# Reservoir Sampling

A simple random sampling strategy to produce a sample without replacement from a stream of data - that is, in one pass: O(N)

Want to sample sinstances - uniformly at random without replacement - from a population size of n records, where n is not known.

Figuring out n would require 2 passes. Reservoir sampling achieves this in 1 pass.

A reservoir **R** here is simply an array of size **s**. Let **D** be data stream of size **n**

Algorithm:

- Store first s elements into R.
- for each element in position k = s+1 to n ,
- accept it with probability s/k
- if accepted, choose a random element from R to replace.

Partial analysis:

Base case is trivial. For the k+1st case, the probability a given element i with position <= k is in R is s/k. The prob. i is replaced is the probability k+1st element is chosen multiplied by i being chosen to be replaced, which is: s/(k+1) * 1/s = 1/(k+1), and prob that i is not replaced is k/k+1.

So any given element's probability of lasting after k+1 rounds is: (chosen in k steps, and not removed in k steps)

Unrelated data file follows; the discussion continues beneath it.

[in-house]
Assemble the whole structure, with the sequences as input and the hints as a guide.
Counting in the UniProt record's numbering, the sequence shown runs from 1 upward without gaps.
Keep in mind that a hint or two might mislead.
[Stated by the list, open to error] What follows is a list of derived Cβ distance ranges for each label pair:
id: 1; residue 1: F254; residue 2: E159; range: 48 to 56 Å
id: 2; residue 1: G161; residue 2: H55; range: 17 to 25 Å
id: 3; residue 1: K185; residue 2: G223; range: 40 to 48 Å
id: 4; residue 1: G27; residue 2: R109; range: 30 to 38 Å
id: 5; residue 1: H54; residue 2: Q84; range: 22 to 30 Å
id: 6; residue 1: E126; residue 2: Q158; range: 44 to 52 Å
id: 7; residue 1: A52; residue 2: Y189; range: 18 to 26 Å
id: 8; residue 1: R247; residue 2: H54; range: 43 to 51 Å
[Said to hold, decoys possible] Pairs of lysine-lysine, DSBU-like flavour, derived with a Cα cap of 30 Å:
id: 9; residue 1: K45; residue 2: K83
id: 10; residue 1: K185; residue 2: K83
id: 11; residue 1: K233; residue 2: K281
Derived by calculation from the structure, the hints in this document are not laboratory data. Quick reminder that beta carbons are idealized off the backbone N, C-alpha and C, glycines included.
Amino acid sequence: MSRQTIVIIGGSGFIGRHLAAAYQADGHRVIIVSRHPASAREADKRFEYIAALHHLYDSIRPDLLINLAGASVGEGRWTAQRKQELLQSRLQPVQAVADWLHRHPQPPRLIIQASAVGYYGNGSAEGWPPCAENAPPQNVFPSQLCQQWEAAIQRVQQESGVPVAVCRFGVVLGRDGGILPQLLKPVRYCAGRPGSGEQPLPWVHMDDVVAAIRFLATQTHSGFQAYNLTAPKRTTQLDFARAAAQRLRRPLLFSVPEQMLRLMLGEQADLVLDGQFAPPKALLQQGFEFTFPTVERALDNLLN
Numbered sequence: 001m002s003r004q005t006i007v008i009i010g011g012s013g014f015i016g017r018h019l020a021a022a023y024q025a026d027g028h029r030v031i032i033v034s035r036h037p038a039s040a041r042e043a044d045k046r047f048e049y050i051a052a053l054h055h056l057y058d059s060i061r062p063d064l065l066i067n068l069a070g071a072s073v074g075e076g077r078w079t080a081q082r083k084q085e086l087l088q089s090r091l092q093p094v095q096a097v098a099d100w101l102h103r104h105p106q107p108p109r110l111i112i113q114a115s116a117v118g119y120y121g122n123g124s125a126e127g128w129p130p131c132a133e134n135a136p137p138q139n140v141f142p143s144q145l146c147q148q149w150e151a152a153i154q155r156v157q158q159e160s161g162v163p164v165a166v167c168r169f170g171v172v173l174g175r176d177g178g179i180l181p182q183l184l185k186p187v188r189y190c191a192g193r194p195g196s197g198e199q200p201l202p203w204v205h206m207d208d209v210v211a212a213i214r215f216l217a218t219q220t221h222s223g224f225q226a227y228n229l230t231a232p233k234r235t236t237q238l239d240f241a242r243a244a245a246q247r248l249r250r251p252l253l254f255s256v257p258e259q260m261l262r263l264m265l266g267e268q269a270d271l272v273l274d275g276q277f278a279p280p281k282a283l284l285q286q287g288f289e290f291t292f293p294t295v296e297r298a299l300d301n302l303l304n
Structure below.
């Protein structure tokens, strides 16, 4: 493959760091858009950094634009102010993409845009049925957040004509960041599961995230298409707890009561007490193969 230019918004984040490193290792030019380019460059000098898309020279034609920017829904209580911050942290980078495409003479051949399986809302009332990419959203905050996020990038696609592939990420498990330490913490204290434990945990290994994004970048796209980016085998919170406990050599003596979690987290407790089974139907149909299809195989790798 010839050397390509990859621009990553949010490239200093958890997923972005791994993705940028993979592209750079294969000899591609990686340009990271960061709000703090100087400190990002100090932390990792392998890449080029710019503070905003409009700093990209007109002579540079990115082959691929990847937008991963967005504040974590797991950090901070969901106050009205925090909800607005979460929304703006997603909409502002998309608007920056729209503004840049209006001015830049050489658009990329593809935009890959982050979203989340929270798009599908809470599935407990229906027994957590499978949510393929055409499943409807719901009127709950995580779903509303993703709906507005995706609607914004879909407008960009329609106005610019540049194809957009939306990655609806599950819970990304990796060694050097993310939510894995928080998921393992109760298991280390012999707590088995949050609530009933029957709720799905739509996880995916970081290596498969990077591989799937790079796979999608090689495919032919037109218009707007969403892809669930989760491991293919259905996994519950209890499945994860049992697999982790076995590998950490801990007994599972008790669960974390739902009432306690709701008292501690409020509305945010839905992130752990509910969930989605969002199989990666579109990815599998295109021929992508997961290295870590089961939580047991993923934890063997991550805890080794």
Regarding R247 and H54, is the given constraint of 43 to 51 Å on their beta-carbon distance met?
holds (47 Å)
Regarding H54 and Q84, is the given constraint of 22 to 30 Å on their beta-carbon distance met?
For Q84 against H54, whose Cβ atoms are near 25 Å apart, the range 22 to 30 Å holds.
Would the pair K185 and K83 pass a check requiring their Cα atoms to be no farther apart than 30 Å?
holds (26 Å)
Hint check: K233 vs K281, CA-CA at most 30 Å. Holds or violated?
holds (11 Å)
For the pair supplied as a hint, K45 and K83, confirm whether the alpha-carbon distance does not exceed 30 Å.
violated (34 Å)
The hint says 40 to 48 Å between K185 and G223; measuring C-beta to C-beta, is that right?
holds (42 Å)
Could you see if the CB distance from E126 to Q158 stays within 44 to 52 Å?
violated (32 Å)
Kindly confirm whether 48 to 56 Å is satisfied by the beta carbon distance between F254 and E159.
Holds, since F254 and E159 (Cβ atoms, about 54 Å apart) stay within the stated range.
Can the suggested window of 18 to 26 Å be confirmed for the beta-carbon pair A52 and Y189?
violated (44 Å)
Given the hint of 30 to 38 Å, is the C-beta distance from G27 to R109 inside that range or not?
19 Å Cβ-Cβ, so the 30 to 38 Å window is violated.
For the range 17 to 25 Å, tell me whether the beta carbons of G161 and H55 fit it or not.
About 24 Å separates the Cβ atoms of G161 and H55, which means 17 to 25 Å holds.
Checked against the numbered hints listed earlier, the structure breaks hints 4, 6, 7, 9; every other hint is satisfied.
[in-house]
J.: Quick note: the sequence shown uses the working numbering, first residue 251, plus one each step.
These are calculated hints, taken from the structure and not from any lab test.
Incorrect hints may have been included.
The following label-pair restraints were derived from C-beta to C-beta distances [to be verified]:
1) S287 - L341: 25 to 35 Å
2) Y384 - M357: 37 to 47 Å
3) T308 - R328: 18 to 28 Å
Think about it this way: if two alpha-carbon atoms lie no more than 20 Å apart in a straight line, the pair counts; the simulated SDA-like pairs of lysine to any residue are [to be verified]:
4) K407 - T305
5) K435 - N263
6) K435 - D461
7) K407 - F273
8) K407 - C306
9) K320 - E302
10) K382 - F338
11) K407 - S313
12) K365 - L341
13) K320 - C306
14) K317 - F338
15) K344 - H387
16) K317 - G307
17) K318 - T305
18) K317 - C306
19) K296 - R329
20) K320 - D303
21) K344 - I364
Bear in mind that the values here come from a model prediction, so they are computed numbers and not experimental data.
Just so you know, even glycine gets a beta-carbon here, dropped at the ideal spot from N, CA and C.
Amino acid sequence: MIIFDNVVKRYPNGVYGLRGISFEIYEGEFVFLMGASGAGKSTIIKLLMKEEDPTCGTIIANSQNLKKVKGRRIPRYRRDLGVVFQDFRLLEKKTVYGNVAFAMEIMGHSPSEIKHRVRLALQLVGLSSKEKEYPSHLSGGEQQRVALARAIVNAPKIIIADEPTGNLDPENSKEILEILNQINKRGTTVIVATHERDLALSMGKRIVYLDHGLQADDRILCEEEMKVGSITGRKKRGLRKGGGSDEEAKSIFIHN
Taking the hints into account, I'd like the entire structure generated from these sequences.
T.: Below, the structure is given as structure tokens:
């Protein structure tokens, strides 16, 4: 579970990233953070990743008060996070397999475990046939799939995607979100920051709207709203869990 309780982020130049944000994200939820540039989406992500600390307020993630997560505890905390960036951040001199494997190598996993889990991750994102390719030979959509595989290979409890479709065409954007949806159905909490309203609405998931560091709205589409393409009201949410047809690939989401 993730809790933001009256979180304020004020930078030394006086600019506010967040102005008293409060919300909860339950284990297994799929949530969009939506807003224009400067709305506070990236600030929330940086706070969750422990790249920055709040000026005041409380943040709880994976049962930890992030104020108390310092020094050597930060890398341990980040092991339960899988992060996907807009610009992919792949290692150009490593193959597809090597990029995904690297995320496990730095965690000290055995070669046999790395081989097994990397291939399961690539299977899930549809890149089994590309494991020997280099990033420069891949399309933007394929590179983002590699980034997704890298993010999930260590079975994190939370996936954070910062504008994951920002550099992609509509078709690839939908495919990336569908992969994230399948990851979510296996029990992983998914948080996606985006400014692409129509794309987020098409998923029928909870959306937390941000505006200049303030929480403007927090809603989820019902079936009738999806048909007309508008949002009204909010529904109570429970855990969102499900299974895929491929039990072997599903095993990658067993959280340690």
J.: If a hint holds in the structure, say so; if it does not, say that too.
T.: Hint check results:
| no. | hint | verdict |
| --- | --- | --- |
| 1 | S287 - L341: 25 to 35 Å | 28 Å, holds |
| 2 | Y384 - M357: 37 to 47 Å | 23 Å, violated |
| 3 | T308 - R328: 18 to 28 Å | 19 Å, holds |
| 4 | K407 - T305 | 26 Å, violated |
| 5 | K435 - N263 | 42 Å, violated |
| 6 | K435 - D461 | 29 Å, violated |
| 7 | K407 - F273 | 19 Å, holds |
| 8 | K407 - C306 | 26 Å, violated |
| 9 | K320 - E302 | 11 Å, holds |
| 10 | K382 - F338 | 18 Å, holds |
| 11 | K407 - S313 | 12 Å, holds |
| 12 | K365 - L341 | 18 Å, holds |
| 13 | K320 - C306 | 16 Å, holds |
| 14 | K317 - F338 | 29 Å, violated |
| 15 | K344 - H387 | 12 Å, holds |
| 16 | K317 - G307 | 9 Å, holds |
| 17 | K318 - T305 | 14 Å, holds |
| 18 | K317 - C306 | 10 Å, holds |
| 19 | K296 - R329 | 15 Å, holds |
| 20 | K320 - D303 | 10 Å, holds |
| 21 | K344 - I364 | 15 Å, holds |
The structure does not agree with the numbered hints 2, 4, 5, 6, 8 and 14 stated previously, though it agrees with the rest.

= s/k * k/(k+1), which is s/(k+1).

So, when k+1 = n, any element is present with probability **s/n.**

#### Distributing Reservoir Sampling

It is very simple to distribute the reservoir sampling algorithm to n nodes.

Split the data stream into n partitions, one for each node. Apply reservoir sampling with reservoir size s, the final reservoir size, on each of the partitions. Finally, aggregate each reservoir into a final reservoir sample by carrying out reservoir sampling on them.

Lets say you split data of size n into 2 nodes, where each partition is of size n/2. Sub-reservoirs R1 and R2 are each of size s.

Probability that a record will be in sub-reservoir is:

s / (n/2) = 2s/n

The Probability that a record will end up in the final reservoir given it is in a sub-reservoir is: s/(2s) = 1/2.

It follows that the probability any given record will end up in the final reservoir is:

2s/n * 1/2 = **s/n**

## Comments

**Anonymous**

February 04, 2008

PingBack from http://msdnrss.thecoderblogs.com/2008/02/05/reservoir-sampling/**Anonymous**

June 05, 2008

In the June 2008 CTP, PLINQ aggregations are more powerful than they were in the December 2007 CTP. The**Anonymous**

January 08, 2014

The distribution of reservoir sampling is not fair to all of the items. If you want a sample of k = 2 you will only be able to pick an item from each partition which is not alright. There must be a chance for, lets say, the two last items in the list to be picked.